Now that we are intermediate sausage-makers I must make our definition of sausages more precise. Sausages are ground meat that has been mixed to develop a cohesive texture, then usually stuffed into casings.
Natural casings are actually only one of several coaxial layers that make up the pig’s small intestine. It’s called the submucosa. It is surrounded by networks of blood vessels and nerves and all kinds of other stuff.
Every so often I’ll be stuffing forcemeat into natural casings and I’ll notice that the surfaces are absolutely covered in tiny ganglia. I use the term as a descriptor, not an anatomical sense.
To me these are a imperfections. Entirely aesthetic, but imperfections nonetheless.
You can pick them off, though that would be tedious. As further evidence that God wants us to make sausages, you can easily turn casings inside out so that these unsightly ganglia are on the inside, next to the meat.
Simply turn one end of the length of casing inside out, then feed it onto a faucet. Start running cold water, and the weight of the water will actually pull the casing through itself. That isn’t a great explanation. Hopefully the picture below offers some clarification.
As a final note on casings…. For the past couple years I’ve been buying natural hog casings from Halford’s here in Edmonton. I’ve been noticing huge variations in the quality of the casings within a hank.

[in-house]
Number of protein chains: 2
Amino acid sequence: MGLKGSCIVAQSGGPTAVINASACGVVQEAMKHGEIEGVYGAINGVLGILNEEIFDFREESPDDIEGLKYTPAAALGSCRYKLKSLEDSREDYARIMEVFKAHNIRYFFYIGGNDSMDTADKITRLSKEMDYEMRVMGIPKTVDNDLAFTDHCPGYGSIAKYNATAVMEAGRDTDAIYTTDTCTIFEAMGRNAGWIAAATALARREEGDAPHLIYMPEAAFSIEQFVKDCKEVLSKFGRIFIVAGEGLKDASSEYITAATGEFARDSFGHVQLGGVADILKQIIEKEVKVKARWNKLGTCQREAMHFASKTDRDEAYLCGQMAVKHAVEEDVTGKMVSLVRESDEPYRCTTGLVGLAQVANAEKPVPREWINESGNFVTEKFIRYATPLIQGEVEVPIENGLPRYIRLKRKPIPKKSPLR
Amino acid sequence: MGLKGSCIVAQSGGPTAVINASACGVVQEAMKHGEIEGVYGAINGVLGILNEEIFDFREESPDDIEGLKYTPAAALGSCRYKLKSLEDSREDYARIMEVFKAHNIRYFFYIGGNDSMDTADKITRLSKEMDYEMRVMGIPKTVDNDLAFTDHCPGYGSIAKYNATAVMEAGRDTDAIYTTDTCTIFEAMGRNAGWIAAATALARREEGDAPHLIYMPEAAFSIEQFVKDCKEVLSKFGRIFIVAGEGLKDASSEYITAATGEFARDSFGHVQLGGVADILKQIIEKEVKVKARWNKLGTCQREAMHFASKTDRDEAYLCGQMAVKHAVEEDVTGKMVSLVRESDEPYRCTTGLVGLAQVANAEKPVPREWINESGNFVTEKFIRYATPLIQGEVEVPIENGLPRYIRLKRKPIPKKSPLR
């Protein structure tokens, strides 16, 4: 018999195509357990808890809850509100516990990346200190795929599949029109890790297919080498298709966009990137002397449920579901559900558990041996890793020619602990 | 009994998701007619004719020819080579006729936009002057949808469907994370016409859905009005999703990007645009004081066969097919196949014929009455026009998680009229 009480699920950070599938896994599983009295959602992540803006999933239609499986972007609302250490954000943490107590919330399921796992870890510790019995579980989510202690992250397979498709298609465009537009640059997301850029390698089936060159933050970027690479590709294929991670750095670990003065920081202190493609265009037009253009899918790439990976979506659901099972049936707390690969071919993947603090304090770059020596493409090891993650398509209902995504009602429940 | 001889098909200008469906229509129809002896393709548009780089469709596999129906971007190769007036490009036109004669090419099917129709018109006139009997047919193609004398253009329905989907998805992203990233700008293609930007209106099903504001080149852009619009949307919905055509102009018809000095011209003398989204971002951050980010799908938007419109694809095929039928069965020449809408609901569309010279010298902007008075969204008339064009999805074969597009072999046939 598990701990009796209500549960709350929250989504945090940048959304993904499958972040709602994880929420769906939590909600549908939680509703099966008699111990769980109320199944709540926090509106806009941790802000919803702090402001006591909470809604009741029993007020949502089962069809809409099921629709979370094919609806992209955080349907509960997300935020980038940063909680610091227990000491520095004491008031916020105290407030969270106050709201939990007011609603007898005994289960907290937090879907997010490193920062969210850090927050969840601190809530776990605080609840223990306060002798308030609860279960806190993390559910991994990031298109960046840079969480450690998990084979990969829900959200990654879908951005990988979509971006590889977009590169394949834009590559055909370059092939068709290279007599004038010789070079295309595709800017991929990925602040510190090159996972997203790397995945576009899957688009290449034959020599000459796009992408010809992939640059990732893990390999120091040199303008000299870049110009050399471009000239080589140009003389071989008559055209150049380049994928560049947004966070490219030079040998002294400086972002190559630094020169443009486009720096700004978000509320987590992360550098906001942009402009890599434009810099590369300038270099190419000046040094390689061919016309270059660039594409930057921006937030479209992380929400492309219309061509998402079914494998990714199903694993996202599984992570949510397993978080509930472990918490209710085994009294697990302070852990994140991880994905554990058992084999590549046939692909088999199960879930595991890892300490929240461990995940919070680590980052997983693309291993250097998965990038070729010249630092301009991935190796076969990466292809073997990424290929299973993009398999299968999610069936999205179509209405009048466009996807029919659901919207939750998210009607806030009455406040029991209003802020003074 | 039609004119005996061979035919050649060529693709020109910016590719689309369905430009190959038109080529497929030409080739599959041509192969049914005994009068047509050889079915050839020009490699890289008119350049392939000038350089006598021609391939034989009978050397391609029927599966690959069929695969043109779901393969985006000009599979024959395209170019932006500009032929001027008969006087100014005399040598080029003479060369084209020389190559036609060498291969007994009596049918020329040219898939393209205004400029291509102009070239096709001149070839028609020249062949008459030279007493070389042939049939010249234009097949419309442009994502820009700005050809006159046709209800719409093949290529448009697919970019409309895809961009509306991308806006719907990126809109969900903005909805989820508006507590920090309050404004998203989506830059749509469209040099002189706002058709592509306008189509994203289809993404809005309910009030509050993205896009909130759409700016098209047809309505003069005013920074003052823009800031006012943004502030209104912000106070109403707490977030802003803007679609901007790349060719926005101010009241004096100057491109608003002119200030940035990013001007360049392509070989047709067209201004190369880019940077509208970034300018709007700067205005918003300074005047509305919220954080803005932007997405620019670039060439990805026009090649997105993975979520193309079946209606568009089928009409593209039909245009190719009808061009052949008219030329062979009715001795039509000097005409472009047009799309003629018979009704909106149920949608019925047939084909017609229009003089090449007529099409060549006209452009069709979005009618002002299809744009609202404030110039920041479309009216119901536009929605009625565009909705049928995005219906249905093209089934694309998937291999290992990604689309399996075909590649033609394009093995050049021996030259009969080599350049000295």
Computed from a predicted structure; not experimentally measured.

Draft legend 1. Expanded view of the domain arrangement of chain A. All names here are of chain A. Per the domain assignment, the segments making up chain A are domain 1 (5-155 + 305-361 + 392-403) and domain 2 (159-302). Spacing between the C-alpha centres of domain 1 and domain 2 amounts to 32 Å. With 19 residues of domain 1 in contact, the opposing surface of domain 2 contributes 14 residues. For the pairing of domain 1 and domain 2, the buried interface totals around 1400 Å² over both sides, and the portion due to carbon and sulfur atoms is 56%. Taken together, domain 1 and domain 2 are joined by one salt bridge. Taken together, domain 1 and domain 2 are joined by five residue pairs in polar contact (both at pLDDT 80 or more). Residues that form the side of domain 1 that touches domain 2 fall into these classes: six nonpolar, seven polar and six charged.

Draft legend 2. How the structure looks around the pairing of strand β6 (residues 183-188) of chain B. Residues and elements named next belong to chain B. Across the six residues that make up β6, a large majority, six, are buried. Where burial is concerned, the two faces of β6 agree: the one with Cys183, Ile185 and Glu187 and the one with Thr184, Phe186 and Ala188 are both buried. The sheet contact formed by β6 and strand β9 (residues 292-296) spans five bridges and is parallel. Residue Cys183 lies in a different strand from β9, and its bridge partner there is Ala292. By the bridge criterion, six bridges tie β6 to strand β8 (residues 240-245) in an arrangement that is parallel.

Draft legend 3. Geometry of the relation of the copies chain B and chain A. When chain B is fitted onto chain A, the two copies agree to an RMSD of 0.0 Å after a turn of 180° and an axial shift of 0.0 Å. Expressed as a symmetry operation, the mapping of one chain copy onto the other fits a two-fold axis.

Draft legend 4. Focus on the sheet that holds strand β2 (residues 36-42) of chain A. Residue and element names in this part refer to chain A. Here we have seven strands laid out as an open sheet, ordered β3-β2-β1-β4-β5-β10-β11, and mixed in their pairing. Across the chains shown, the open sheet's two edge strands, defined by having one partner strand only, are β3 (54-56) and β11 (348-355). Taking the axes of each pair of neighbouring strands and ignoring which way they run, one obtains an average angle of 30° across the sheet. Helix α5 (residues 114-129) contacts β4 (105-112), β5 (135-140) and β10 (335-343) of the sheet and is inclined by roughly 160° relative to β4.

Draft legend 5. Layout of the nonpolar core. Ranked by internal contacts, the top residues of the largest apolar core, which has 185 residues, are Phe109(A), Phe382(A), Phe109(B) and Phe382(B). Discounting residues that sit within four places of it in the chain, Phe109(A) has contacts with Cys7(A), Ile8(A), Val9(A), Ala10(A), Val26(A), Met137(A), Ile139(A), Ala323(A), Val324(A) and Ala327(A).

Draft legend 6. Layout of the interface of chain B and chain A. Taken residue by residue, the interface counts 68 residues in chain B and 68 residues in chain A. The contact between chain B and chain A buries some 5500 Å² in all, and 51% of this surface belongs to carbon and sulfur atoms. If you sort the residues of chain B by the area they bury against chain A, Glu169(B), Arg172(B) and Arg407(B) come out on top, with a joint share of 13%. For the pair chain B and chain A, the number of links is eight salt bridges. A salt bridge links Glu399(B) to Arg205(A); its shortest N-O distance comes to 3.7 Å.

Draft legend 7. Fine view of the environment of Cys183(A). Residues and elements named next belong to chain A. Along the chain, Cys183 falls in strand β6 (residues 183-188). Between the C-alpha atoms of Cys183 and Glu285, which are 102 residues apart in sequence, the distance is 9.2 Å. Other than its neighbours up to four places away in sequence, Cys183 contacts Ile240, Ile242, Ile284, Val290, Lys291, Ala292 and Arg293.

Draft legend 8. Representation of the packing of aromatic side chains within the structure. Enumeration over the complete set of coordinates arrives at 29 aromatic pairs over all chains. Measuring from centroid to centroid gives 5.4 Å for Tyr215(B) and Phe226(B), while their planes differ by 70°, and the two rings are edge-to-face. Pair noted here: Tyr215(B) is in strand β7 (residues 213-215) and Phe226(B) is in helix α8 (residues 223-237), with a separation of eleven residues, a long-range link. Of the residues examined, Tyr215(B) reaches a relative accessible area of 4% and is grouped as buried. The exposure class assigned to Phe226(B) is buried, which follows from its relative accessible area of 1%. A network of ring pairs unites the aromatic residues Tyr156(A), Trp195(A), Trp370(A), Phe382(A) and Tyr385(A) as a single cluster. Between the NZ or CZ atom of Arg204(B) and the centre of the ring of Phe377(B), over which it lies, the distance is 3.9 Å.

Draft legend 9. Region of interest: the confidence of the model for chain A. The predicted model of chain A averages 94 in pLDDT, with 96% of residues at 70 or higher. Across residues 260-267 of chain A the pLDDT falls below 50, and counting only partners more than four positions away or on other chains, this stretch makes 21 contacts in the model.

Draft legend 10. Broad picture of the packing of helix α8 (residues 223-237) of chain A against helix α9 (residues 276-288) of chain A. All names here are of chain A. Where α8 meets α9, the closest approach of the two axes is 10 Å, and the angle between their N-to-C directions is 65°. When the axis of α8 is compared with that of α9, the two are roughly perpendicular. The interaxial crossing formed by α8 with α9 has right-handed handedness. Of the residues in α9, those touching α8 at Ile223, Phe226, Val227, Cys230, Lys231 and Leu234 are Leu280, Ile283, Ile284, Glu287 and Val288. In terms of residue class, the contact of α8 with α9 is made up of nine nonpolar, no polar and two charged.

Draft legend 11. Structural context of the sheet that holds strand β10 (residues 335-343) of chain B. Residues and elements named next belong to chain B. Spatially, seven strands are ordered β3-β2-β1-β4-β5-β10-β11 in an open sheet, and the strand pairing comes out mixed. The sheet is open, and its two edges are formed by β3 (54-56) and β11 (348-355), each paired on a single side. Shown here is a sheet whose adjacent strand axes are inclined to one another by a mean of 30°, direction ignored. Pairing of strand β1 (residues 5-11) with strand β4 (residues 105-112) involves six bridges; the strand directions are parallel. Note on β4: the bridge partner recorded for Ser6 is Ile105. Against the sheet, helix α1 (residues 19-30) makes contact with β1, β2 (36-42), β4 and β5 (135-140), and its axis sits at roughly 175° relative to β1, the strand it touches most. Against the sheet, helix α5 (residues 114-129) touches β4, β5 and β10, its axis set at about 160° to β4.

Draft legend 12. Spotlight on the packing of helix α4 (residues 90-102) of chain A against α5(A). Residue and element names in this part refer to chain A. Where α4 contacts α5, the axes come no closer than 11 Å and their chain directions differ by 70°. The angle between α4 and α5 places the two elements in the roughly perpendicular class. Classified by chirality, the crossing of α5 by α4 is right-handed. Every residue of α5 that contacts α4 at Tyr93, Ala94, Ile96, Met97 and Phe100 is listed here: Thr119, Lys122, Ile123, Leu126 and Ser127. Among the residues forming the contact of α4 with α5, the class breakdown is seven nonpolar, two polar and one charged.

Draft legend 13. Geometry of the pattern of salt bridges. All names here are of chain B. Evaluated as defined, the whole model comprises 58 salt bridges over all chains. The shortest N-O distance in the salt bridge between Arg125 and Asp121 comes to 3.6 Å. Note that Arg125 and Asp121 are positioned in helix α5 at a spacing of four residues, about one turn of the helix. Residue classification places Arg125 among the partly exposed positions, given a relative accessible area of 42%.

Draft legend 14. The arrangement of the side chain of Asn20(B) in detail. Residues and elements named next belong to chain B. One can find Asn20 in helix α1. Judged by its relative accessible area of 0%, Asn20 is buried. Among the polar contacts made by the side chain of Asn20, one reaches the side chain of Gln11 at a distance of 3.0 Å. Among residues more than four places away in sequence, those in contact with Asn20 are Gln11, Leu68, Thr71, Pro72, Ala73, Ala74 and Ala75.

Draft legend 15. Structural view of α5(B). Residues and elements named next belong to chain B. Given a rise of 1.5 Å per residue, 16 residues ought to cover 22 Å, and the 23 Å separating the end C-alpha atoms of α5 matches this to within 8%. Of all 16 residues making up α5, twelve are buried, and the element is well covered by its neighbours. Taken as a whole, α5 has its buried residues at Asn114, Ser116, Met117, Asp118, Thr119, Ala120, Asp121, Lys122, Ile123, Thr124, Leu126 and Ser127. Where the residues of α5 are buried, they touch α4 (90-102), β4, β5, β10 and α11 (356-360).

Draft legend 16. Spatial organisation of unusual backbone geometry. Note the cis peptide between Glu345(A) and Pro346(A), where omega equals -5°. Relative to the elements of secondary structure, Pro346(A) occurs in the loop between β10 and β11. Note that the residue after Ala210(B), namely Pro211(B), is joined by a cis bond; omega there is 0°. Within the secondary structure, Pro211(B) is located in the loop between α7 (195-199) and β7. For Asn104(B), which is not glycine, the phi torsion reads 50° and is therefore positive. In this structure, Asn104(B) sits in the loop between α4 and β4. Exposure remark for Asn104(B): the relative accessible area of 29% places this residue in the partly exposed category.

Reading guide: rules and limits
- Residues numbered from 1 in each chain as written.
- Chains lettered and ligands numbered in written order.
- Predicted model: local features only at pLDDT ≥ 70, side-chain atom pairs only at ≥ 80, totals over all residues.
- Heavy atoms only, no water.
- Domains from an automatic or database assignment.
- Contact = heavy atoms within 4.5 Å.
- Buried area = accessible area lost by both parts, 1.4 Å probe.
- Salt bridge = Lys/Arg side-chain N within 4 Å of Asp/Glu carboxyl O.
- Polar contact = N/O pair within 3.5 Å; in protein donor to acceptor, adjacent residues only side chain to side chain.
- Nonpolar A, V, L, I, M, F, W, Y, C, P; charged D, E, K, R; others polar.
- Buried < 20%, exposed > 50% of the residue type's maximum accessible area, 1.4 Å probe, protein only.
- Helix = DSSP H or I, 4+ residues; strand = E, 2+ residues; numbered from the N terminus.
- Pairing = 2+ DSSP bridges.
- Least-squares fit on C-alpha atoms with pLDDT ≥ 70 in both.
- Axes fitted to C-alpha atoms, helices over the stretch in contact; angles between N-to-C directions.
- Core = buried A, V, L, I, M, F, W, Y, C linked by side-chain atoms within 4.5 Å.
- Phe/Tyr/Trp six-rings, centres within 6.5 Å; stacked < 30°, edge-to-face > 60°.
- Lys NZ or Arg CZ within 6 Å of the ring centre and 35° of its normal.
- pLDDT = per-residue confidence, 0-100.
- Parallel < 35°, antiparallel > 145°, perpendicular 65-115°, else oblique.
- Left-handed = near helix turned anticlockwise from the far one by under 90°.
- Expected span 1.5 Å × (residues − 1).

I’m often asked if you need to somehow seal the ends of the sausages after linking to keep the meat from shooting out. The answer is “no,” provided you have mixed your meat properly to obtain a good bind, and provided you cook the sausage gently (see below for more on cooking).
After stuffing and linking my sausages I hang them at room temperature for a couple hours. I can do this safely because they contain curing salt. The reasons for hanging sausages are numerous and compelling!
- Hanging compacts the meat and makes for a more cohesive texture.
- Hanging reinforces the links you’ve made.
- Hanging the sausages at warmish temperatures helps with flavour maturation. This is a classic technique of European charcutiers.
- Hanging dries out the surface of the sausages, which has three pleasant effects: one, the sausages freeze without forming ice on their surfaces; two, the sausages brown better in the pan; and three, the colour of the sausages becomes darker and much, much more appetizing.
That last point sounds crazy when I say it aloud, so I took a picture of a freshly stuffed sausage (pale and slippery) beside some hanging sausages (darker, redder…) Which would you rather put in your mouth?
Use gentle heat! Do not score for the love of God! Do not overcook! A gentle pan is good, but I prefer poaching the sausages, shocking in ice water, then gently reheating in a pan or on a grill. This cooks them much more evenly and much more gently.
As mentioned above, if you mix, stuff, link, hang, and cook properly, the meat will not shoot out the ends of the casing. See below:
1. Blumenthal, Heston. In Search of Perfection. ©2006 Heston Blumenthal. Published by Bloomsbury USA, New York. Page 126.